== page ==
From the earliest period of European contact with China in the sixteenth century, the West has been enchanted with Chinese aesthetic and cultural traditions and transforming these into objects representing the fashionable, and contemporary. Interestingly even the most traditional Chinese imagery and aesthetic do not look out of place in the contemporary post-modern world.
In 2004 Nike ran a TV ad titled “Chamber of Fear”, which featured National Basketball Association star LeBron James dribbling a ball while defeating a series of powerful Chinese adversaries, with the final and most powerful, a pair of Chinese dragons. The ad mimicked a computer-game and was designed to encourage Asian youth to confront life’s challenges and get physically active.
In spite of the fact that many video games featuring dragons as opponents were already being sold in China and none were singled out as offensive, a significant number of Chinese nationals reacted angrily to the Nike ad. “All the Chinese in the advertisement were defeated, including the dragon. This suggests China is incapable,” a typical angry post read on China’s largest internet message board, Xinhua.net. Many of the comments appeared to reference China’s humiliation at the hands of Western and Japanese imperial powers during the 19th Century. Reacting to the outcry, SARFT, China’s State Administration of Radio, Film and Television, banned the Nike commercial, claiming the ‘dragon-insulting ad’ was ‘blasphemous’.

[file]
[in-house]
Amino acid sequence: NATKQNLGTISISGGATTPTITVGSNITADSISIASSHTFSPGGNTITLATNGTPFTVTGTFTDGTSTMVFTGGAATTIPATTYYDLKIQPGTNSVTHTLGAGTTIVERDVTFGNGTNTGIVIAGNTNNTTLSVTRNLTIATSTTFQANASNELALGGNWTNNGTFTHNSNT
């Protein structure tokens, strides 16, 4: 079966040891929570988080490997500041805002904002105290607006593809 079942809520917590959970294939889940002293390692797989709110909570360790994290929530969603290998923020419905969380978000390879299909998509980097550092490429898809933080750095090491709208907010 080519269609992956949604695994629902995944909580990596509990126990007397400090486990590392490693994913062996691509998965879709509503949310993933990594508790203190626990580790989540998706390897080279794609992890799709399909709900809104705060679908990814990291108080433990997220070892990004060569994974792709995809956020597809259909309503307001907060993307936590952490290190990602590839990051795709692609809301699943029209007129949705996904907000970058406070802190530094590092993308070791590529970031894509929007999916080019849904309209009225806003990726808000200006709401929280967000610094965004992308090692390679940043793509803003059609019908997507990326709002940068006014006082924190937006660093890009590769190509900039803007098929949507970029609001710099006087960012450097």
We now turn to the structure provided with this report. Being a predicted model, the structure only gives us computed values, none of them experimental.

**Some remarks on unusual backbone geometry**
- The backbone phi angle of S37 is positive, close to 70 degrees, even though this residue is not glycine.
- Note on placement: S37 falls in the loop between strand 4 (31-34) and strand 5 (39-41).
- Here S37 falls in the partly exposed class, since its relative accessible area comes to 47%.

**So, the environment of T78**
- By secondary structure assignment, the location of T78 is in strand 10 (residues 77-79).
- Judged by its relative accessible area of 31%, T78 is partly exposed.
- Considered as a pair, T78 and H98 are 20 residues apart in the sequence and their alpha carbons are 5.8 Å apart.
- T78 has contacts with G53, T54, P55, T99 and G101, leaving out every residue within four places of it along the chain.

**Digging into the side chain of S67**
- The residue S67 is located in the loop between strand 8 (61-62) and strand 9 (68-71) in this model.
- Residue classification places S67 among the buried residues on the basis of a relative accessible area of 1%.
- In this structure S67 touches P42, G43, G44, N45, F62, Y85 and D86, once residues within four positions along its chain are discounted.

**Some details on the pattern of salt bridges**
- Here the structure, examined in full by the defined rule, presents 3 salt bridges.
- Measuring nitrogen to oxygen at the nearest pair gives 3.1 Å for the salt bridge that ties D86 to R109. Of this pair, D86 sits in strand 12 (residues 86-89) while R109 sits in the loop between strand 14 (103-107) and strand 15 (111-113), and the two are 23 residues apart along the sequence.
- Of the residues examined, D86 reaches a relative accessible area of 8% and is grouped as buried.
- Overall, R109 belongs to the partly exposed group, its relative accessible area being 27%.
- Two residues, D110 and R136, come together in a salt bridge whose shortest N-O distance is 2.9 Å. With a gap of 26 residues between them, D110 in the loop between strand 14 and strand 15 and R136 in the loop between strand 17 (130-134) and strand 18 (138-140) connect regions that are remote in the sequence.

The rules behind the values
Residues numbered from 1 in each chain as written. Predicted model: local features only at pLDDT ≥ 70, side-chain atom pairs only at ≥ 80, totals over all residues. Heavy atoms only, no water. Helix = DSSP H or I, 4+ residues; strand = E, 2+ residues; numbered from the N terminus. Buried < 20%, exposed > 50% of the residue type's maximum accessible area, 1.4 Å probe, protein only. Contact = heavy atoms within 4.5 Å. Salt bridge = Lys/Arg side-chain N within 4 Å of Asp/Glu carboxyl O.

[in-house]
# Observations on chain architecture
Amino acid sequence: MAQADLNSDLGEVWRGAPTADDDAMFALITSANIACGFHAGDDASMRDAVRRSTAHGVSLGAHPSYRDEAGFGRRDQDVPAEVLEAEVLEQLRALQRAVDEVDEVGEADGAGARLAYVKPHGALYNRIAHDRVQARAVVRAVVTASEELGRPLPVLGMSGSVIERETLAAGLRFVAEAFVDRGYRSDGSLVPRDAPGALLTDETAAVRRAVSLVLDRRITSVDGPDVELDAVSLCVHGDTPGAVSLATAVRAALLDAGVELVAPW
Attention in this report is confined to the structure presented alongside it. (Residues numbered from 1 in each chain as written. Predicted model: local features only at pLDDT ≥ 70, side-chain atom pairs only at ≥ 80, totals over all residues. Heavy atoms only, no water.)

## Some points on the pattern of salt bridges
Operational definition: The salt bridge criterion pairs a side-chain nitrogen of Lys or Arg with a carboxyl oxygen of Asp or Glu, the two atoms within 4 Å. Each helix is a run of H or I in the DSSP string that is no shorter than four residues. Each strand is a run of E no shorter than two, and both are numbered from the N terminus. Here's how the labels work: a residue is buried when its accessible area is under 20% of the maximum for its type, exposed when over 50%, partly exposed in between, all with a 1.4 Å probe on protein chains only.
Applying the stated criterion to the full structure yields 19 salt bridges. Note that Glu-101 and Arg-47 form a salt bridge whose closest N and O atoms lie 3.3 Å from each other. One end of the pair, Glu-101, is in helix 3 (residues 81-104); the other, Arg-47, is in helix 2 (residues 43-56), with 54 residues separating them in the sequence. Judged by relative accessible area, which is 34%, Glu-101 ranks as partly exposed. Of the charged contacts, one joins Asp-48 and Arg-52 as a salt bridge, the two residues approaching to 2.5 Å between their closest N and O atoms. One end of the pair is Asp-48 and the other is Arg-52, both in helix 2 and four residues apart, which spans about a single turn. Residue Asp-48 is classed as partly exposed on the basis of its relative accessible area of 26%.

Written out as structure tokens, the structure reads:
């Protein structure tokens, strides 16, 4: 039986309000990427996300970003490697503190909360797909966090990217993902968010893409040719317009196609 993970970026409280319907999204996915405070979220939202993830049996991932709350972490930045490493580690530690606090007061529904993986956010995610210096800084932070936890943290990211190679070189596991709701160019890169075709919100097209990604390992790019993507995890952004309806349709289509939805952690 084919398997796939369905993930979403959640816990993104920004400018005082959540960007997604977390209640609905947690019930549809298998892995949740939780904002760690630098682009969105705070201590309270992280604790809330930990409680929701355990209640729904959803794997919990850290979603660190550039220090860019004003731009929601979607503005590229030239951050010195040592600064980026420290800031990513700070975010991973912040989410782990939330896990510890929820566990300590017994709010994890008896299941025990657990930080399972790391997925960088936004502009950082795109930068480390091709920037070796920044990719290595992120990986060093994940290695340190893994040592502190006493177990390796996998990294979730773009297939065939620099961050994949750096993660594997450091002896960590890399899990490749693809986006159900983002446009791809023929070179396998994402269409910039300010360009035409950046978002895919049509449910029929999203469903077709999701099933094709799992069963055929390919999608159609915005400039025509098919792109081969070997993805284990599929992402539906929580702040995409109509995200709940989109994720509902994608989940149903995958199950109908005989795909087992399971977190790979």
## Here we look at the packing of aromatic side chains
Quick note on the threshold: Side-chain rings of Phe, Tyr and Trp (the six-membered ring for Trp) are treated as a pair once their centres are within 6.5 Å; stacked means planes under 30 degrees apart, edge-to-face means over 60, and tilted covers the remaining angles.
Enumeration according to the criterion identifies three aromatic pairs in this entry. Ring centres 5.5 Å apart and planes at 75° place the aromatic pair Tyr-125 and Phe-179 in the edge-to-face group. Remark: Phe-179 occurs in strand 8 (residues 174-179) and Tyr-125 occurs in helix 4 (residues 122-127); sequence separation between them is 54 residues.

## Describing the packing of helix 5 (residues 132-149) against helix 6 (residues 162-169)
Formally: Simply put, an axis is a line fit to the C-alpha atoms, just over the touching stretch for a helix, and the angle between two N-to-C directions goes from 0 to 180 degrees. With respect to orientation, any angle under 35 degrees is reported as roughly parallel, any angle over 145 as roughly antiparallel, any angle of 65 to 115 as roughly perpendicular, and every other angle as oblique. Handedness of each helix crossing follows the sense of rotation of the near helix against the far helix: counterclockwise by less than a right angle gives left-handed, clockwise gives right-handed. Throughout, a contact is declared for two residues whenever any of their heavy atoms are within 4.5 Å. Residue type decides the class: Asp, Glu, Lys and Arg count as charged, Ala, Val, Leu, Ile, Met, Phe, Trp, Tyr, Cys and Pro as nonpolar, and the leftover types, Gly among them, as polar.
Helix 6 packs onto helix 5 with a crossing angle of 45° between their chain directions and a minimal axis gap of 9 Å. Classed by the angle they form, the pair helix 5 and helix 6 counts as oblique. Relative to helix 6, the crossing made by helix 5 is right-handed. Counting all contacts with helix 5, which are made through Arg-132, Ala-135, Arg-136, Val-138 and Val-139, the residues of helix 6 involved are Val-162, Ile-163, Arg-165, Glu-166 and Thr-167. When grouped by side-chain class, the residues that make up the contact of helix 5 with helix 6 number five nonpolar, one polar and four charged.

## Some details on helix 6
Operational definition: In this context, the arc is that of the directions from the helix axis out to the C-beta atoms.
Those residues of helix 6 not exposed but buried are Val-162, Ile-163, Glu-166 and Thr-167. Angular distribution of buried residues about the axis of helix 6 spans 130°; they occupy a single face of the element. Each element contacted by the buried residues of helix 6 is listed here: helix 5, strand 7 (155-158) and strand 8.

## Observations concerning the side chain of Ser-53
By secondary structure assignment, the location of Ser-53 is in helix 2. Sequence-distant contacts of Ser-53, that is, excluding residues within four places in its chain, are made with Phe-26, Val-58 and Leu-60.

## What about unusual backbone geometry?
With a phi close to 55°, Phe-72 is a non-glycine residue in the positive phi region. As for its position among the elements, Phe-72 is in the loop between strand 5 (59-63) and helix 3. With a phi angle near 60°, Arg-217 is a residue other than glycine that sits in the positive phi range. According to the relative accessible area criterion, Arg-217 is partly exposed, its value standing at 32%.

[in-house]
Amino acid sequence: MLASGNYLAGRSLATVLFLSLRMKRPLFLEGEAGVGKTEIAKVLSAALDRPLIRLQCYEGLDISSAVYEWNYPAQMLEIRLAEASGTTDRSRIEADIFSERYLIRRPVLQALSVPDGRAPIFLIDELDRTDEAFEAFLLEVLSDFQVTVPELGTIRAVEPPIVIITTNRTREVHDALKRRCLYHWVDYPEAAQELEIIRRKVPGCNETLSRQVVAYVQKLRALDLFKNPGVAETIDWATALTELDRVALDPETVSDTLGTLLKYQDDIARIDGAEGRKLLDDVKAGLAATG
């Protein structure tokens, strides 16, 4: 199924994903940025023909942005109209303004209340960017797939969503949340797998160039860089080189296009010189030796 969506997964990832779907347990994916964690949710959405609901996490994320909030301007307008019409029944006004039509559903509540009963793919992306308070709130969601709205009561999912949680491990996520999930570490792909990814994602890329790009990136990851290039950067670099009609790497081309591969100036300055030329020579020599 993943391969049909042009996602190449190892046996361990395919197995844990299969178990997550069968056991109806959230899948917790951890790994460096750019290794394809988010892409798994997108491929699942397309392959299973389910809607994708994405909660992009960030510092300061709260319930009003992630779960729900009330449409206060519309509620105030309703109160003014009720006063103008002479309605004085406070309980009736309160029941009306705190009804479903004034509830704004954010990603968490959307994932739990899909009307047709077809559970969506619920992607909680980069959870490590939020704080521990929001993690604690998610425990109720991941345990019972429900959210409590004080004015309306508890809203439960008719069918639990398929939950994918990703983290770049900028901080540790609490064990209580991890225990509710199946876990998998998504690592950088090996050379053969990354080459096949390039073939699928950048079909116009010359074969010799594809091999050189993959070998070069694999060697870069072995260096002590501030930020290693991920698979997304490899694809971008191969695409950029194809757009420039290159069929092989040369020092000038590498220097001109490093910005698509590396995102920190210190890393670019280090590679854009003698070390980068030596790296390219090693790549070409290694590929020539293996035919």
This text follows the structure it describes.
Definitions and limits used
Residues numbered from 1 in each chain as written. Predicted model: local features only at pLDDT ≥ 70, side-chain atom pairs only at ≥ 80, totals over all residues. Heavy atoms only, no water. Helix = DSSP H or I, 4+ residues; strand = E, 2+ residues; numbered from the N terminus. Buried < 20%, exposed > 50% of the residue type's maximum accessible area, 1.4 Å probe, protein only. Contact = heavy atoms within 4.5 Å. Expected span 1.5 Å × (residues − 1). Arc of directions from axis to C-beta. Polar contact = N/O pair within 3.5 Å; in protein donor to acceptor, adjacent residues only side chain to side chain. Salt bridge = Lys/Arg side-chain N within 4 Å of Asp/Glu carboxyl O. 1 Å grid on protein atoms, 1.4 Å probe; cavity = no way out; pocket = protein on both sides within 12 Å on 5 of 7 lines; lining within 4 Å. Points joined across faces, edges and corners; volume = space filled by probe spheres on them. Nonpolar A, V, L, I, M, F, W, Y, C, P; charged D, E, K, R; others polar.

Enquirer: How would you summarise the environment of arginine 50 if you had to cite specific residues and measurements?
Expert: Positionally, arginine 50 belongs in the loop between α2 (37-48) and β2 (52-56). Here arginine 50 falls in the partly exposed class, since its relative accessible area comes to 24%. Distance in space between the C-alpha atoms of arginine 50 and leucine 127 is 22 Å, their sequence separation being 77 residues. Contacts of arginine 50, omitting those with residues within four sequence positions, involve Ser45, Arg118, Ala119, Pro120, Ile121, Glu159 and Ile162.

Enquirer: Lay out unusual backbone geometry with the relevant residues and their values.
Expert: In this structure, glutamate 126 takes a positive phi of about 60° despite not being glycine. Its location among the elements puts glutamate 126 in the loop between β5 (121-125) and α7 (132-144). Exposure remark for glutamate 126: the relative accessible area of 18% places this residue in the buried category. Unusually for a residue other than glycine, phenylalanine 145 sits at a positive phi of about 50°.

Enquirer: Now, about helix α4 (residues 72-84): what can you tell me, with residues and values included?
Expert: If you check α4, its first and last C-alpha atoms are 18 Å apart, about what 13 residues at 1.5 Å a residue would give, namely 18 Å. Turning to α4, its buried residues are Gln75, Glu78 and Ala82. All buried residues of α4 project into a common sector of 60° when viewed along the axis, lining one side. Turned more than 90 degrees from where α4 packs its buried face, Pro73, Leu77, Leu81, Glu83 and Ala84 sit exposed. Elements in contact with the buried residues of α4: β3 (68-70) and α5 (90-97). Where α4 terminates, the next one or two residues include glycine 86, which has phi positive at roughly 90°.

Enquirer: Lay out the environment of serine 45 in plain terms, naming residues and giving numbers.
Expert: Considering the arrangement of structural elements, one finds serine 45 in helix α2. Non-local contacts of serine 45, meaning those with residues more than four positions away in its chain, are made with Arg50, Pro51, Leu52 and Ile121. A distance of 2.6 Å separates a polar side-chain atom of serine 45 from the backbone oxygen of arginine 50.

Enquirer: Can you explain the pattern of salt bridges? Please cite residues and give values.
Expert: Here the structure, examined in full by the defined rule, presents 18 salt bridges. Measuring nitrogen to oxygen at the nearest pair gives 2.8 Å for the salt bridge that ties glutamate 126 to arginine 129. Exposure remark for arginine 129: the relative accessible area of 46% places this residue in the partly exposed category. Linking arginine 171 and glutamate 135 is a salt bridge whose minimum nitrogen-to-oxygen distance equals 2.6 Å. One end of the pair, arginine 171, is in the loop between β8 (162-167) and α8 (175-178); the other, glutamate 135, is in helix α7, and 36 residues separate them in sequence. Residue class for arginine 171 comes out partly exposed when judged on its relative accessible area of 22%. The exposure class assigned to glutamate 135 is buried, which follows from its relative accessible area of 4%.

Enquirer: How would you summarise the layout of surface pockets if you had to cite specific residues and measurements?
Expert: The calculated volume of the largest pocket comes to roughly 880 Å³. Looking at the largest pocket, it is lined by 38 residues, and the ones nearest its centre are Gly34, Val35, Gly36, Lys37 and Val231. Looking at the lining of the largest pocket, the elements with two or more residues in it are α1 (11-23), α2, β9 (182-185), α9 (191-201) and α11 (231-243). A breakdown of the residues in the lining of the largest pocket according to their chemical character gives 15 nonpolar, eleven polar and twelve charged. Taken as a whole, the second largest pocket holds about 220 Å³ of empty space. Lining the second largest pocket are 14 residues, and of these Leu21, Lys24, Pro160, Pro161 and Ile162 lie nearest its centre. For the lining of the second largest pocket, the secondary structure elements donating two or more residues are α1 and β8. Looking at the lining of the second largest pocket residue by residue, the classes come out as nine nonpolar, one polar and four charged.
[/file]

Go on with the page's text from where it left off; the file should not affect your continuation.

However, when the 2008 Beijing Olympic mascots were announced, the dragon was shunned. The revelation triggered a debate, culminating with a Shanghai University academic suggesting that China should abandon the dragon as a national icon, a view which exacerbated the debate over the dragon’s place on the modern global stage. Understandably, the professor’s rationale was linked to the observation that the West considered the Chinese and Western dragon synonymous, both evil and aggressive.
The West has largely misunderstood the dragon, and even the Chinese government rejected it for most of the 20th century in its attempt to distance itself from traditional culture. Yet the Chinese dragon tenaciously and universally continues to be loved by the Chinese people, who proudly continue to call themselves, “‘Descendants of the Dragon”.
Recently American born Chinese pop star Wong Leehom performed at the Hollywood Bowl, Los Angeles’ premier cultural institution, and elicited euphoric cheering from the mostly ethic Chinese crowd with his opening song, “Descendants of the Dragon’. The song, written by Taiwanese singer/songwriter Hou Dejian (候德建) in late 1970s, became a hit in China as well. Since Wong Leehom’s release of the hip-hop version of the song in 2000, he has made it his standard at concerts world wide.
The growing proliferation of the Chinese dragon at public festivals globally, its appearances at internationally important occasions, and its relevance to contemporary fashion, should allay China’s fears that the dragon has lost its 5000 year old charm. If anything, the wildly successful and loved exhibition at The Metropolitan Museum of Art demonstrates the West’s enthusiastic embrace of Chinese culture and demonstrates that the Chinese dragon is respected and loved by modern Oriental and Occidental cultures.
Human beings are able to produce culture because of our unique ability to symbolize. A human community is defined by its culture–and one could argue that culture is it’s defining attribute. To an outsider, someone who does not belong to the community, its cultural symbols, practices and customs may be completely unfamiliar and incomprehensible. China’s dragon is a case in point and particularly unique, in that it is also one of China’s oldest and its most influential icons.